In the case of The Detail, which is based on British crime drama Scott & Bailey, it was US broadcaster ION Television, rather than its Canadian network CTV, that sought more procedural elements in the series. “It’s not to say we didn’t have character and that character wasn’t a major part of it, but it was definitely their wish to have a more case-of-the-week type of series because it does well for them,” Lukins says.
Hybrids such as Blindspot and The Blacklist, which marry deep mythologies with new cases each week, were heavily influenced by serialised US cable dramas, the success of which led broadcast networks to “find their own language” and remain competitive, Marlowe notes.
“There were lots of interesting experiments out there to see what the audience would respond to,” he says. “But what sustains is good storytelling and good characters. If people are engaged in the storytelling and the characters, whether it’s serialised, closed-ended or a hybrid, the audience will show up for it.”
The resurgence of procedurals, coupled with television’s never-ending infatuation with recycling old hits, means shows such as Magnum PI and Cagney & Lacey have been piloted this development season. “What you see right now is a confluence of familiar formats that people know are tried and true but also bringing in the element of IP,” says Marlowe, who believes the biggest challenge facing creators is how to break through the noise. “Some recognisable IP certainly helps.”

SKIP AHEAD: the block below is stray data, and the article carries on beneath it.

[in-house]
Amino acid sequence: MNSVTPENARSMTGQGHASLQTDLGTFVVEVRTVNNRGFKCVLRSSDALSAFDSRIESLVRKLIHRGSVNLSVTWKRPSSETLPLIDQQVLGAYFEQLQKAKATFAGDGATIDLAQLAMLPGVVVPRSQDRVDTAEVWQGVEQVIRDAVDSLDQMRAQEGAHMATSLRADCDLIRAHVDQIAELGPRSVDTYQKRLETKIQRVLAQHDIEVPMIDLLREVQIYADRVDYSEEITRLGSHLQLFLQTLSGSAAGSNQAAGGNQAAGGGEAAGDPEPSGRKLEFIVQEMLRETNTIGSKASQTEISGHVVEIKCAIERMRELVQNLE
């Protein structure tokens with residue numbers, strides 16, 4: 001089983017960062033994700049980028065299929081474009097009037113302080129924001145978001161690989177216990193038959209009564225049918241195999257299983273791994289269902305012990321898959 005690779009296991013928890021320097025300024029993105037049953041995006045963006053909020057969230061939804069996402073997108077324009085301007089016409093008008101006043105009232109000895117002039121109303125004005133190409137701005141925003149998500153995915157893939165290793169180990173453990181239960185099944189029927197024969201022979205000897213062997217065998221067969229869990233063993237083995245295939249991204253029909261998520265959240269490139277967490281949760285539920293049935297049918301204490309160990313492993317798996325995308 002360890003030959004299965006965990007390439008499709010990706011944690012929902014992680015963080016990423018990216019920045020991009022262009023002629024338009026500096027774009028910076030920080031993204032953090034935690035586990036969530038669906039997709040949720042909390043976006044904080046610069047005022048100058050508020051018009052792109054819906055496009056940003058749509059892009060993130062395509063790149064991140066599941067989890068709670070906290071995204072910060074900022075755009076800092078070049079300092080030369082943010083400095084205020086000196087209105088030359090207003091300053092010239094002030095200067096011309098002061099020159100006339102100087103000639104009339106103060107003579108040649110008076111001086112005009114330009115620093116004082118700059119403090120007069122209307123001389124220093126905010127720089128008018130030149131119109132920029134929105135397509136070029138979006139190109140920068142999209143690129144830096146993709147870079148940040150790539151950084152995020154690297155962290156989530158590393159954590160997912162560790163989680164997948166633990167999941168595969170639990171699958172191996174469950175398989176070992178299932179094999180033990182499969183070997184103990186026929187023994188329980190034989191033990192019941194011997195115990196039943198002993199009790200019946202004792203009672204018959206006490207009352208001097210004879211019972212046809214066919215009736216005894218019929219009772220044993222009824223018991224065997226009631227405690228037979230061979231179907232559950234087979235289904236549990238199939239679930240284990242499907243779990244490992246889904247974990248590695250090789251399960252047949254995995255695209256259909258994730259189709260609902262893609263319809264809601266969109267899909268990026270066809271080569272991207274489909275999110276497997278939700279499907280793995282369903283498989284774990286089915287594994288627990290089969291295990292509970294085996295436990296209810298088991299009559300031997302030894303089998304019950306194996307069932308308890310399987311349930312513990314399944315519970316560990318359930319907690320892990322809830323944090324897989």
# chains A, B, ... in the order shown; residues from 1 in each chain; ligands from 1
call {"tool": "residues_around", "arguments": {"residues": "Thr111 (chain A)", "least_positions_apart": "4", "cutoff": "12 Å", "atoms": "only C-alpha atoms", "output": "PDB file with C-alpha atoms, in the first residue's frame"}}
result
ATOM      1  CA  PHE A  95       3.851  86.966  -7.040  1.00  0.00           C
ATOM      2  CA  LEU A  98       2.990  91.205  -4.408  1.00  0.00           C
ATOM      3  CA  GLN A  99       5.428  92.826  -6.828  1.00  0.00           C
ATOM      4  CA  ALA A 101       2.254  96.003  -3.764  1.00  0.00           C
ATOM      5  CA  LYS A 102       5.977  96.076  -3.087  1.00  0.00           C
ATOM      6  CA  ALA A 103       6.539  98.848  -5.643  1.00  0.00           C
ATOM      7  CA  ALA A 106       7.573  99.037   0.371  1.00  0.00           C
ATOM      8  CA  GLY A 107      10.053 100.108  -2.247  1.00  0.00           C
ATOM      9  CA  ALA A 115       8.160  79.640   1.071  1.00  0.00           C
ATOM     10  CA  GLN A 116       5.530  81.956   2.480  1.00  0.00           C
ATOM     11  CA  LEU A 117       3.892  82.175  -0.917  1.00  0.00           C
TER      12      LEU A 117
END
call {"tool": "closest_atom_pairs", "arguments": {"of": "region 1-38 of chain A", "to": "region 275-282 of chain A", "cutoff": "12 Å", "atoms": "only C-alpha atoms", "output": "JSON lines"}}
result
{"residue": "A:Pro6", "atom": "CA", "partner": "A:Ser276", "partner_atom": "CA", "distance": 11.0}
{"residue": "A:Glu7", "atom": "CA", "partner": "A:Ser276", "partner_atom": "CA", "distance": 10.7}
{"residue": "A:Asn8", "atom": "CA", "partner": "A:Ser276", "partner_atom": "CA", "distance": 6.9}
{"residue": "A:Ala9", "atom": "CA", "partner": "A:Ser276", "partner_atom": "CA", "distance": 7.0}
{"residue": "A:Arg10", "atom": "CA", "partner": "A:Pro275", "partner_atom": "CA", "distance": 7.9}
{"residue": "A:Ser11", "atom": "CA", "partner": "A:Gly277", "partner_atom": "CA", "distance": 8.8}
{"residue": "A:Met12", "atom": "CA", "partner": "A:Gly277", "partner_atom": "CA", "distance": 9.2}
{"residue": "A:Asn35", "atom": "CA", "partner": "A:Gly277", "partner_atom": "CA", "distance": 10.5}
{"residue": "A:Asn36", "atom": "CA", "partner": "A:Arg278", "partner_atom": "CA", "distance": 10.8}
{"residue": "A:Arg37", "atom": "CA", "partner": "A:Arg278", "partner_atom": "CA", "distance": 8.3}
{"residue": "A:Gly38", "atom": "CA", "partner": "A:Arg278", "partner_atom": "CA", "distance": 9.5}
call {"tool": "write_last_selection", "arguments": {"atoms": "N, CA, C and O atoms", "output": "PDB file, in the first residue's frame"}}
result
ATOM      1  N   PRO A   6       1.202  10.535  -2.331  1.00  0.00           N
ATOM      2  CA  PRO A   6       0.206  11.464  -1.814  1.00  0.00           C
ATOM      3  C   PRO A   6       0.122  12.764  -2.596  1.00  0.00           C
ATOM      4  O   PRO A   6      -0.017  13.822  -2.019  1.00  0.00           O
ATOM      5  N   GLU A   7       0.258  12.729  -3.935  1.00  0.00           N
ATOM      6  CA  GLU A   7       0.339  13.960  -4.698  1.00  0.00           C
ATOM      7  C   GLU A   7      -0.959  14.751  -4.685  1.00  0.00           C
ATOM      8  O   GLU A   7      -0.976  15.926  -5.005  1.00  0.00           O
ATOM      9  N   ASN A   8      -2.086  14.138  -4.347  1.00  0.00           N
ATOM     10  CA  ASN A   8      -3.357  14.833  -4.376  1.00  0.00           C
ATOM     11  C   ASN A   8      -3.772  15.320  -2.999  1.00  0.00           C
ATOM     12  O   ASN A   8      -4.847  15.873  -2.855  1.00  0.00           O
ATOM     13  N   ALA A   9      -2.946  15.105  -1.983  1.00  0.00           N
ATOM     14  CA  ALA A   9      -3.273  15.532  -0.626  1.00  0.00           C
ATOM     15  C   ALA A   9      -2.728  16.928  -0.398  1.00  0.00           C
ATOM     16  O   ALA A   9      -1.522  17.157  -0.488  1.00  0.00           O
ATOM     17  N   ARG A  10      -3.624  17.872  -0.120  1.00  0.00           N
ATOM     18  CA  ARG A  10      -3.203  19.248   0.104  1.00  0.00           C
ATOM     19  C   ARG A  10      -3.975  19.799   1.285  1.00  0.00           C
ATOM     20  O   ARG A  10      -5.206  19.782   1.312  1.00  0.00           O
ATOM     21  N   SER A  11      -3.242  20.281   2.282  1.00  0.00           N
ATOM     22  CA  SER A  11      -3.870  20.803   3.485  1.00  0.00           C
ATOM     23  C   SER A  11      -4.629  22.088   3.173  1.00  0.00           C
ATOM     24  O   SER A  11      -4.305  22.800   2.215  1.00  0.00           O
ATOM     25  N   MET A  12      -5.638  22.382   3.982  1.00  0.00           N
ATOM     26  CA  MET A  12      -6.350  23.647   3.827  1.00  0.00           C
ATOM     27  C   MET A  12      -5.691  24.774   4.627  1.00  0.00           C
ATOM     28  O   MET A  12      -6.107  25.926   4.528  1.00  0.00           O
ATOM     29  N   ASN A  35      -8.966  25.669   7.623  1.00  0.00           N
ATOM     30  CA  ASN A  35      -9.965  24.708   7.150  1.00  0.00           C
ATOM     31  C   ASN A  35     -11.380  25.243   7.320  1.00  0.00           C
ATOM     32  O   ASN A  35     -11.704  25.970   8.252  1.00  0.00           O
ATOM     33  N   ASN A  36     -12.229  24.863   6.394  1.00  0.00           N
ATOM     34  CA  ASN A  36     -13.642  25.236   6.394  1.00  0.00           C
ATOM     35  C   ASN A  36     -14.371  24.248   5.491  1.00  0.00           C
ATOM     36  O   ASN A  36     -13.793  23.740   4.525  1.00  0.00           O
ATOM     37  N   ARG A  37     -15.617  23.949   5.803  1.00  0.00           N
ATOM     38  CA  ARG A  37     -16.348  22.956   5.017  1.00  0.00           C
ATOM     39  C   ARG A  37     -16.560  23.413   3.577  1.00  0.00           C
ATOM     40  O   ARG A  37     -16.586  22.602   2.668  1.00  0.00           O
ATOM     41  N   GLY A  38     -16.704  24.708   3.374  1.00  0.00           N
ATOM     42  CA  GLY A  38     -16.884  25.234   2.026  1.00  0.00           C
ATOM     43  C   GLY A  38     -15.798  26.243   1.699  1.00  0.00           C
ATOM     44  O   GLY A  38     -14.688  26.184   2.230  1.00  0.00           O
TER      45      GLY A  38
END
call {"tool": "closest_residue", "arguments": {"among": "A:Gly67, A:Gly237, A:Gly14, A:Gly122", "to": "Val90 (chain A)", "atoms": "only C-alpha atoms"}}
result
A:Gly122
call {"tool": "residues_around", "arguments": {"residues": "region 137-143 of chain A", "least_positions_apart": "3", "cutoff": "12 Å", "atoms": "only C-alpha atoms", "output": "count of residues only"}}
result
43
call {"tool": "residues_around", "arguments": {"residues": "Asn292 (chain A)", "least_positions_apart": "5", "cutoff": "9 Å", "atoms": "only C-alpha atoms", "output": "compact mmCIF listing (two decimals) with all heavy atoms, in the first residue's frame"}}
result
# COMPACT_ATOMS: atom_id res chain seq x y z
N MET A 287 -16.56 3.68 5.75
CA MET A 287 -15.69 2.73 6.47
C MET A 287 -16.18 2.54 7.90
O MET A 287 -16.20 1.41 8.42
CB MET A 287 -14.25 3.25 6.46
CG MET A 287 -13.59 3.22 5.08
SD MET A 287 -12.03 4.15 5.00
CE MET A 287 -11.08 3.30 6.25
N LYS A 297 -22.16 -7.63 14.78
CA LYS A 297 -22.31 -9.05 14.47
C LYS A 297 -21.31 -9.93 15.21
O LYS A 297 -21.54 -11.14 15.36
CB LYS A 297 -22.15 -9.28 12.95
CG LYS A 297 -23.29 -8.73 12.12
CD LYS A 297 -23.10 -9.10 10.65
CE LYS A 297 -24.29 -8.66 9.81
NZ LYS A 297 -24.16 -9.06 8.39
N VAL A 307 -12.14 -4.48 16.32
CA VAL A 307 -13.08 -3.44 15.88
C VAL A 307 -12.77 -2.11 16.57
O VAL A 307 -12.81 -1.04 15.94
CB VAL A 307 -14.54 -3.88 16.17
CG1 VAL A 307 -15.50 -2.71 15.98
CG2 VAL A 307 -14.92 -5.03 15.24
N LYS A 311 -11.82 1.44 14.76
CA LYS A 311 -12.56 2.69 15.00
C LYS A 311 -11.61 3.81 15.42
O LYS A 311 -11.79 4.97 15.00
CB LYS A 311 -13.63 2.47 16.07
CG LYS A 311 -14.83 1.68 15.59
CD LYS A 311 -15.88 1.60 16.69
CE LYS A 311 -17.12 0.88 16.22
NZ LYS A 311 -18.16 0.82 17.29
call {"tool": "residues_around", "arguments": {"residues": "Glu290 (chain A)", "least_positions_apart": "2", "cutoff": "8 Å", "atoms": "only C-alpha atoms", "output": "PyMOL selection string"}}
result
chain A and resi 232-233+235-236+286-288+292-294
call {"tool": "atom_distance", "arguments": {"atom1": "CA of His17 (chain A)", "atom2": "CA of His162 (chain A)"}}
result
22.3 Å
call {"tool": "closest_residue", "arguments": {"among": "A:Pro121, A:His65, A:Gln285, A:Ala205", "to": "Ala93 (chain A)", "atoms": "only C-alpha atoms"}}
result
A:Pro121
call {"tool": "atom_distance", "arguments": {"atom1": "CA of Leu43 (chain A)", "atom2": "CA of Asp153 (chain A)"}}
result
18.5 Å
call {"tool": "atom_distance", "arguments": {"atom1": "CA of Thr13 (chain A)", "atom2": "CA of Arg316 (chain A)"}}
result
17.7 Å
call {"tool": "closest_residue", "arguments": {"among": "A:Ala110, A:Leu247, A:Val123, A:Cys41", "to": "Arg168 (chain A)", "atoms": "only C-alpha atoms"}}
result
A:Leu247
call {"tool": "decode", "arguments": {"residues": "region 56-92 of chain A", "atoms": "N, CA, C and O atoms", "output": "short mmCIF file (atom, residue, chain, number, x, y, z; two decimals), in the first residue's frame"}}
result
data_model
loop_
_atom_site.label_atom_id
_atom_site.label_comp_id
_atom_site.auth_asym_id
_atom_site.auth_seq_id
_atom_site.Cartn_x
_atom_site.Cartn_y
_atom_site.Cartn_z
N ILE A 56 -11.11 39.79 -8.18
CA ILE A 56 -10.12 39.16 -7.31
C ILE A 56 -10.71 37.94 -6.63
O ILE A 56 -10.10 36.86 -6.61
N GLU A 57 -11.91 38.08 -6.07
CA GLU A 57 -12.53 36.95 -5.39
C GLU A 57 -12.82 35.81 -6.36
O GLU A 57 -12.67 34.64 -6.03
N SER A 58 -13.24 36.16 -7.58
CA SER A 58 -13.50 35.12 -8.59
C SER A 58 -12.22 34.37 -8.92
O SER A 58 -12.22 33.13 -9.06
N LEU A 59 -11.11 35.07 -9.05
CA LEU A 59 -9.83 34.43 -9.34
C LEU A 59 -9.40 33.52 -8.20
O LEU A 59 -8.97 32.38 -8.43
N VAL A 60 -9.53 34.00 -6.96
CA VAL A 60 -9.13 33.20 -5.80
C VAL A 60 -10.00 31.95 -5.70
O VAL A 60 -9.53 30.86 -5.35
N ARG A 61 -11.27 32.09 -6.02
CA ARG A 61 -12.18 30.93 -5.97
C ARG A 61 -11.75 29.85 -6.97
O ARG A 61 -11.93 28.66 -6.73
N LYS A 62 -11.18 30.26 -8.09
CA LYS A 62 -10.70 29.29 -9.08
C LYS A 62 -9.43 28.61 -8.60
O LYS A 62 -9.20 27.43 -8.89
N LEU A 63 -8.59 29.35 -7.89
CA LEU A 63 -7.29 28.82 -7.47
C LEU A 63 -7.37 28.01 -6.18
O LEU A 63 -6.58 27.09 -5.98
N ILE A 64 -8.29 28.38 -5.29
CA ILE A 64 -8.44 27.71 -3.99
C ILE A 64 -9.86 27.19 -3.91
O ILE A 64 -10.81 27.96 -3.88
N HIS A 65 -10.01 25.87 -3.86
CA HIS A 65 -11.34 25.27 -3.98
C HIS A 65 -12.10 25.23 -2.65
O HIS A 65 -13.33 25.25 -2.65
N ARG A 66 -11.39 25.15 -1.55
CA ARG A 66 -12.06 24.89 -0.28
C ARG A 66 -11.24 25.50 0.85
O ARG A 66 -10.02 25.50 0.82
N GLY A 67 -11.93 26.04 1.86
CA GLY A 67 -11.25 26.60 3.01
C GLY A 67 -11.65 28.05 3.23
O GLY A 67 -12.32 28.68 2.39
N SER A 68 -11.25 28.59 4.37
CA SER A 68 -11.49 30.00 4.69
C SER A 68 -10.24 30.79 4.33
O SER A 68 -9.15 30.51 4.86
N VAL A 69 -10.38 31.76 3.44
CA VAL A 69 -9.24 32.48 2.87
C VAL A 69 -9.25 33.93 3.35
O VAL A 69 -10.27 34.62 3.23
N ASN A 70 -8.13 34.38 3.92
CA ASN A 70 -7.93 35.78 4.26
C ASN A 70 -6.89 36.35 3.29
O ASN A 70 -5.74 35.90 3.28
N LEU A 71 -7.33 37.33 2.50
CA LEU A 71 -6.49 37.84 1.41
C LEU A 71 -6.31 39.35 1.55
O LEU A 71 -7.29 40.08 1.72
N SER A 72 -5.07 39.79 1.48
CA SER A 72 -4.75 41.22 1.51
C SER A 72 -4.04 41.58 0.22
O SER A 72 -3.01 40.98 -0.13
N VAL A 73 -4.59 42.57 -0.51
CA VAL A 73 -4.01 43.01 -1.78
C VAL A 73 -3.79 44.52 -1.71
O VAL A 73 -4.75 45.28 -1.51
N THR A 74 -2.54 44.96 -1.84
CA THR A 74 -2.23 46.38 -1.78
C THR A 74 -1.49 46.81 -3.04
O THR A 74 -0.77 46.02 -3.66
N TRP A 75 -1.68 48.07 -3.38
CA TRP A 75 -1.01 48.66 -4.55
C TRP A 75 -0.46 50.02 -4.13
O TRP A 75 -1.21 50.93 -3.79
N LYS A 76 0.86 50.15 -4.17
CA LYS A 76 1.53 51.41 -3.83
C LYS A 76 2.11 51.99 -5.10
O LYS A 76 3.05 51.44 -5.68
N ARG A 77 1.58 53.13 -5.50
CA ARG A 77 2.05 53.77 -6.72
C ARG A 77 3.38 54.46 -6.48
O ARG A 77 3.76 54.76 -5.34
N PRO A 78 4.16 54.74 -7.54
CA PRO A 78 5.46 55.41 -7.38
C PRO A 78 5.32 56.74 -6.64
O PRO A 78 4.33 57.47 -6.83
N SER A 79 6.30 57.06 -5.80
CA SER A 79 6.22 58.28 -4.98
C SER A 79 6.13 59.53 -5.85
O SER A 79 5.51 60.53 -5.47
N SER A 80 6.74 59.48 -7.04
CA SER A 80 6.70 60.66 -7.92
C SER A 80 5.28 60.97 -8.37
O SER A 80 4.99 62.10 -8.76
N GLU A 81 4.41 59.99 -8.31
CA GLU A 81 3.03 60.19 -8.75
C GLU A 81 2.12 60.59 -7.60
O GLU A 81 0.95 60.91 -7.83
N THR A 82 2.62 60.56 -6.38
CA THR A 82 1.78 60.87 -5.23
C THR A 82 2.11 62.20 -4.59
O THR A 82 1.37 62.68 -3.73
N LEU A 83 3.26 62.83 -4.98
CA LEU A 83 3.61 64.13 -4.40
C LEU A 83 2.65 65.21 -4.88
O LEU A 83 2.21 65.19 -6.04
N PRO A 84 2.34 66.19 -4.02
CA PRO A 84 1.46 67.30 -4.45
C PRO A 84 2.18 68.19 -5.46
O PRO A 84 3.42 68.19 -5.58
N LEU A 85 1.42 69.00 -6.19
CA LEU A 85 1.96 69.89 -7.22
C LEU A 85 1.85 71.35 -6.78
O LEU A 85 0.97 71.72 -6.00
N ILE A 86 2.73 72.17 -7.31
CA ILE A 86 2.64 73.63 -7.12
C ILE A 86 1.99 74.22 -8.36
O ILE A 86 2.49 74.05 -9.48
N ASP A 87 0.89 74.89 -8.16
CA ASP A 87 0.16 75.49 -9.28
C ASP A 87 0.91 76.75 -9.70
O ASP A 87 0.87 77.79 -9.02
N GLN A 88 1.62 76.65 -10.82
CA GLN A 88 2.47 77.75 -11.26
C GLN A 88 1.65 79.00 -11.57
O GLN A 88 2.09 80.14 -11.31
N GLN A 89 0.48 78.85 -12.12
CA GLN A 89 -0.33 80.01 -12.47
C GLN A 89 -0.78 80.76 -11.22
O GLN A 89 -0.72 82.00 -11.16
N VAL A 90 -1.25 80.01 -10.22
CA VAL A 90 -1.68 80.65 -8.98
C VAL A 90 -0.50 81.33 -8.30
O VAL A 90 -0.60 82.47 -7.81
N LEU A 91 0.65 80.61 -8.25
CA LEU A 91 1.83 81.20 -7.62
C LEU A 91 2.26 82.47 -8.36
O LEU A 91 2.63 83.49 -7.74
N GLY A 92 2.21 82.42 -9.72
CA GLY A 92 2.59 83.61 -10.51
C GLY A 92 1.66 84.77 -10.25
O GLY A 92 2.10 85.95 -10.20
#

Lenkov says he simply prefers the challenge of mapping out 22 stories a season. “I just like the puzzle aspect of building a plot each week,” he says. “I find that a lot of fun as a writer.”
But when they’re boiled down to their bare bones, procedural series are built on the simple concept of good versus evil, he adds. “If you look at the live numbers of a lot of CBS procedurals, they do really well. It shows you there’s an audience there that still likes that format. When eight million people tune in to watch a show live, that tells you a lot of people still like the genre. They still like the crime procedural. I think it’s alive and well.”
René Balcer, best known for Law & Order and, more recently, Law & Order True Crime: The Menendez Murders, certainly believes there is still a place for procedural television. As for what such shows might look like in the future, that is less clear. “One can argue that the success of the just-the-facts procedurals of the 1950s, such as Dragnet, was a reaction to the subjective character-driven film noir detective films of the 1940s like The Big Sleep. Audiences liked them because they were new and different. Character-driven procedurals like Hill Street Blues were a reaction to the Dragnets and Adam-12s. And, like audiences, creative content-makers get bored with the status quo, so expect the pendulum to keep swinging.”